October: Eighth month (octo, Latin for eight) in the Julian (Roman) calendar. The Gregorian calendar instituted by Pope Gregory XIII established January as the first month of the year,

November: Ninth Roman month (novem, Latin for 9). Catholic countries adopted the Gregorian calendar in 1582, skipping 10 days that October, correcting for too many leap years,

December: Roman year's tenth month (decem, Latin for 10).

For more, try http://www.crowl.org/Lawrence/time/months.html.

Edit: Darn board turned the 8 followed by ) into /phpBB/images/smiles/icon_cool.gif.

<font size=-1>[ This Message was edited by: Jim on 2002-01-04 07:22 ]</font>

<font size=-1>[ This Message was edited by: Jim on 2002-01-04 07:23 ]</font>

ToSeek
2002-Jan-04, 02:52 PM
Also, when July and August were renamed for the emperors, days were stolen from February to make the months have an odd number of days. (This was considered propitious by the Romans.) This explains the strange ordering of days in a month throughout the year.

EckJerome
2002-Jan-04, 08:58 PM
On 2002-01-03 19:25, Hale_Bopp wrote:
I am not a history expert, but I know they got at least some of it right. However, here are some of the other things I found odd to say the least...

"In the past, days and weeks were dropped in order to bring the calendar in line with the astronomical universe. Even now, we're fiddling around with leap seconds."

Technical point, but leap seconds are used to make up for the Earth's rotation slowing down, not to keep us in sync with the seasons.


The article did not say it was to keep us in sync with the seasons. Leap days, seconds, weeks, etc. were/are needed for a variety of reasons, all of which amount to "bringing the calendar in line with the astronomical universe."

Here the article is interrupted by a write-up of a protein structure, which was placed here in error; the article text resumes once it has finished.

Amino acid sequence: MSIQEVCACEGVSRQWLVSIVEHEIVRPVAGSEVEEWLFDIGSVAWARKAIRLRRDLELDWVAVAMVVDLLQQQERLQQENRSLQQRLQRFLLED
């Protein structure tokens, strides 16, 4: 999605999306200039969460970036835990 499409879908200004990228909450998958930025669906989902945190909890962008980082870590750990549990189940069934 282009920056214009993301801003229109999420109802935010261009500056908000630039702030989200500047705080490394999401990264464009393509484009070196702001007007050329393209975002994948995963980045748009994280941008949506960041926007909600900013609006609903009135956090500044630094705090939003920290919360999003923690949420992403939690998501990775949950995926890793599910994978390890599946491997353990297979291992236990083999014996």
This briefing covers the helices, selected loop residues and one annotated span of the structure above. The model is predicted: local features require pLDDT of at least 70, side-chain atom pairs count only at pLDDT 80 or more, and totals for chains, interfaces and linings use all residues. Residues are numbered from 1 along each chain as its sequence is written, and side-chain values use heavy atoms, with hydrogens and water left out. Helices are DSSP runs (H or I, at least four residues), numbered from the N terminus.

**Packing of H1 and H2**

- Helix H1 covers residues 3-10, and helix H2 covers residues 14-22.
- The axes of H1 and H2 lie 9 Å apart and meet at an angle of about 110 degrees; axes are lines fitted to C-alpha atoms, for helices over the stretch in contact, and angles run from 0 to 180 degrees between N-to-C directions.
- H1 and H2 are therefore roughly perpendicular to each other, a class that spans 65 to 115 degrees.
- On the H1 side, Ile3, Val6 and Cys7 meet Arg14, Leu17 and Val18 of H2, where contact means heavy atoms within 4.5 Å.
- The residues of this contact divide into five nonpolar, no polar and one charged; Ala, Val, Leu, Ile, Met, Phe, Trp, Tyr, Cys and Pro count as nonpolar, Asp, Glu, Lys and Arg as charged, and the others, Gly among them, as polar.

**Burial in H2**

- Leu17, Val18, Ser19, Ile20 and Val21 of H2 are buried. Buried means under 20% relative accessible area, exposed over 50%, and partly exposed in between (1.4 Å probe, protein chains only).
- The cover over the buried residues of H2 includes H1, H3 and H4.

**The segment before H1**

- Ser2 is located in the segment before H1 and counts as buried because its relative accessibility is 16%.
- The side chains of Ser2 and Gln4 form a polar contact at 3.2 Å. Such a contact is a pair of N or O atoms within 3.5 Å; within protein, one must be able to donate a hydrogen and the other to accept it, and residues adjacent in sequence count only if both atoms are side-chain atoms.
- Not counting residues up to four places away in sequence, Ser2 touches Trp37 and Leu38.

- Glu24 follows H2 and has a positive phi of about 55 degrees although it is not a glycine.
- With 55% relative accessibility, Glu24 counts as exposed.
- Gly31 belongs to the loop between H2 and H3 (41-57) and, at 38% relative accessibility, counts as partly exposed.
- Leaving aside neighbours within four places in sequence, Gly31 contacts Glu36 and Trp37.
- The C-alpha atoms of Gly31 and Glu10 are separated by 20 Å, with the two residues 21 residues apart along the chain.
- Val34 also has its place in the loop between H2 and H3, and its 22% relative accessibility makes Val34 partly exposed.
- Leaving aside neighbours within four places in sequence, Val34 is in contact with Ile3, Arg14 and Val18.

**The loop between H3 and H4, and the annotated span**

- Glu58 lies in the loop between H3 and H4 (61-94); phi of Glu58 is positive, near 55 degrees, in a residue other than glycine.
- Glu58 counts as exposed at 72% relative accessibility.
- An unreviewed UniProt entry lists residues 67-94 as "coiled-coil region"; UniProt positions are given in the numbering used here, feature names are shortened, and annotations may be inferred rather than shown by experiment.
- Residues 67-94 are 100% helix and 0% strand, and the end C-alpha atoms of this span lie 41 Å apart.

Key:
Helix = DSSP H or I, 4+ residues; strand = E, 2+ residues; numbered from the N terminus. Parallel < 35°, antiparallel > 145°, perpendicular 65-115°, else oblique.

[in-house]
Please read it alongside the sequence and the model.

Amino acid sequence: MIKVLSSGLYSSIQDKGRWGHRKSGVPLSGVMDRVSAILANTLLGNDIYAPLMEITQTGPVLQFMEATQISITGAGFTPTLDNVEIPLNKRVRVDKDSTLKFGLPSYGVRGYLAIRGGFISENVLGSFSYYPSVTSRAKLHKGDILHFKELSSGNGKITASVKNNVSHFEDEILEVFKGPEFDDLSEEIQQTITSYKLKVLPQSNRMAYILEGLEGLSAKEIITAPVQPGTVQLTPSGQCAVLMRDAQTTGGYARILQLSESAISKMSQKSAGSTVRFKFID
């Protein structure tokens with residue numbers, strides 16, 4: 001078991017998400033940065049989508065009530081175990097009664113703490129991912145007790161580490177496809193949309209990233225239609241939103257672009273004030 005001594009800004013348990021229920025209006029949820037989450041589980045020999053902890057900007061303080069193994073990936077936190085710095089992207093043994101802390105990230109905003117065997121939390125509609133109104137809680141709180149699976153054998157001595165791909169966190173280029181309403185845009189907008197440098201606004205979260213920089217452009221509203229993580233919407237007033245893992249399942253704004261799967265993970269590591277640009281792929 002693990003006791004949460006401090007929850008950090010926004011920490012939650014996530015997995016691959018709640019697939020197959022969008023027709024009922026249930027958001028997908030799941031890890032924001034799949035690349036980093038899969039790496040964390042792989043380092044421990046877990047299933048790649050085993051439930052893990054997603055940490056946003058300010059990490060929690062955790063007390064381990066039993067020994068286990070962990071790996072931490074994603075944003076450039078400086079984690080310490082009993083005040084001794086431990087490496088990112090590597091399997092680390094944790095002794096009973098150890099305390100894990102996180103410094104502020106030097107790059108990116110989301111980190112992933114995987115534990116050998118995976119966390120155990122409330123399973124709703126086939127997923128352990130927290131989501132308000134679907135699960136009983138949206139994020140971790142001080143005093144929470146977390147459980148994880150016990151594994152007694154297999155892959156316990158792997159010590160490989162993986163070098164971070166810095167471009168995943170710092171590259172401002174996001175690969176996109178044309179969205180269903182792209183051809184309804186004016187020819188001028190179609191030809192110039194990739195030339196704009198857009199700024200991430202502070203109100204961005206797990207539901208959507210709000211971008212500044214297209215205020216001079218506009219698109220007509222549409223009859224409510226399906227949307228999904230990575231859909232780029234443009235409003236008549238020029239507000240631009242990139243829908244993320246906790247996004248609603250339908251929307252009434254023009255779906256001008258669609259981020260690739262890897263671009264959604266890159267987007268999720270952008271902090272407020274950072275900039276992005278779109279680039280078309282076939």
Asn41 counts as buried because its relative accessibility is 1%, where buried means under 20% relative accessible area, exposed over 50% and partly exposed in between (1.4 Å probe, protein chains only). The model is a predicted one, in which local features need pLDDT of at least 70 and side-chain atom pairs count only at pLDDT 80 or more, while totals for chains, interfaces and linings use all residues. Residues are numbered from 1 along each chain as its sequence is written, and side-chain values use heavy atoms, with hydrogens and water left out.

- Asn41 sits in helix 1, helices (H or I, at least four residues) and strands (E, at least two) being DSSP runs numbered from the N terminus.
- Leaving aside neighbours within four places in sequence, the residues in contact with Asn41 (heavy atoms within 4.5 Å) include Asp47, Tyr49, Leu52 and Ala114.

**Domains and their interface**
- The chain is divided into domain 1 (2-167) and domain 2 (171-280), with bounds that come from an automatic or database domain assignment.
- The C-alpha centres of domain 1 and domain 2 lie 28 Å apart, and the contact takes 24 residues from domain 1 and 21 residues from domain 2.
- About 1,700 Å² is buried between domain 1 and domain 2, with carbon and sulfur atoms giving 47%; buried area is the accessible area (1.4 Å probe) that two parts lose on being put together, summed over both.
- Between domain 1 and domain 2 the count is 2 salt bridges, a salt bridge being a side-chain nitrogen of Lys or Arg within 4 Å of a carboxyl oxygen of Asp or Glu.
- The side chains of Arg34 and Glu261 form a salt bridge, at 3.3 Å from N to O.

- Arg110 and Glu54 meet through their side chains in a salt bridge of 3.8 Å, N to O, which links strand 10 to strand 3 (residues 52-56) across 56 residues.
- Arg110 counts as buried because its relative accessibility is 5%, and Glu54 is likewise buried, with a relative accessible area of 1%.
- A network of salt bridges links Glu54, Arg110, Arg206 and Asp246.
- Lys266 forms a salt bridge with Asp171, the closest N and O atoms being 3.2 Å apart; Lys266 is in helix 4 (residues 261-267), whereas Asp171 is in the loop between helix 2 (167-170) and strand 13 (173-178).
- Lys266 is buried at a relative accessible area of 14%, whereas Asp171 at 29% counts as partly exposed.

"It's the sun that determines the seasons, but the sun doesn't move very much in the sky," he said. So some civilizations turned to the moon, which seems to change every night, more easily marking the passage of time."

I seem to notice lots of movement of the Sun from season to season. It's just hard to measure. Lots of civilizations did use the Sun, however. Witness the stone circles in England, of which Stonehenge is the most famous. Several of the stones correspond to the rising and setting of the Sun on certain dates.


While it could have been worded better, I found it quite obvious that the meaning was day-to-day motion of the sun along the ecliptic. And the author is absolutely correct, the sun moves very little day to day...especially compared to the moon.

Do notice the context including "the moon, which seems to change every night." Do you routinely notice the sun's position change every day? I certainly don't.



"The Islamic calendar is lunar and makes no attempt to keep the seasons. That's why the holiday of Ramadan will move through the calendar, sometimes ending up in the summer."

This shouldn't be surprising...Ramadan can fall during ANY month of the year! If you wait long enough, it will fall during every month...summer, fall, winter, spring (Howdy Doody everyone!)


Your only beef here seems to be your opinion that the author was stating the obvious. I thought it was a rather apropo followup to illustrate the effect of a lunar calendar.



"Starting with the first new moon after the vernal equinox, the lunar calendar divided up the year into 12 months of either 29 or 30 days each. The first four months were named after gods and the rest were numbered from five to 10, which still exists as December."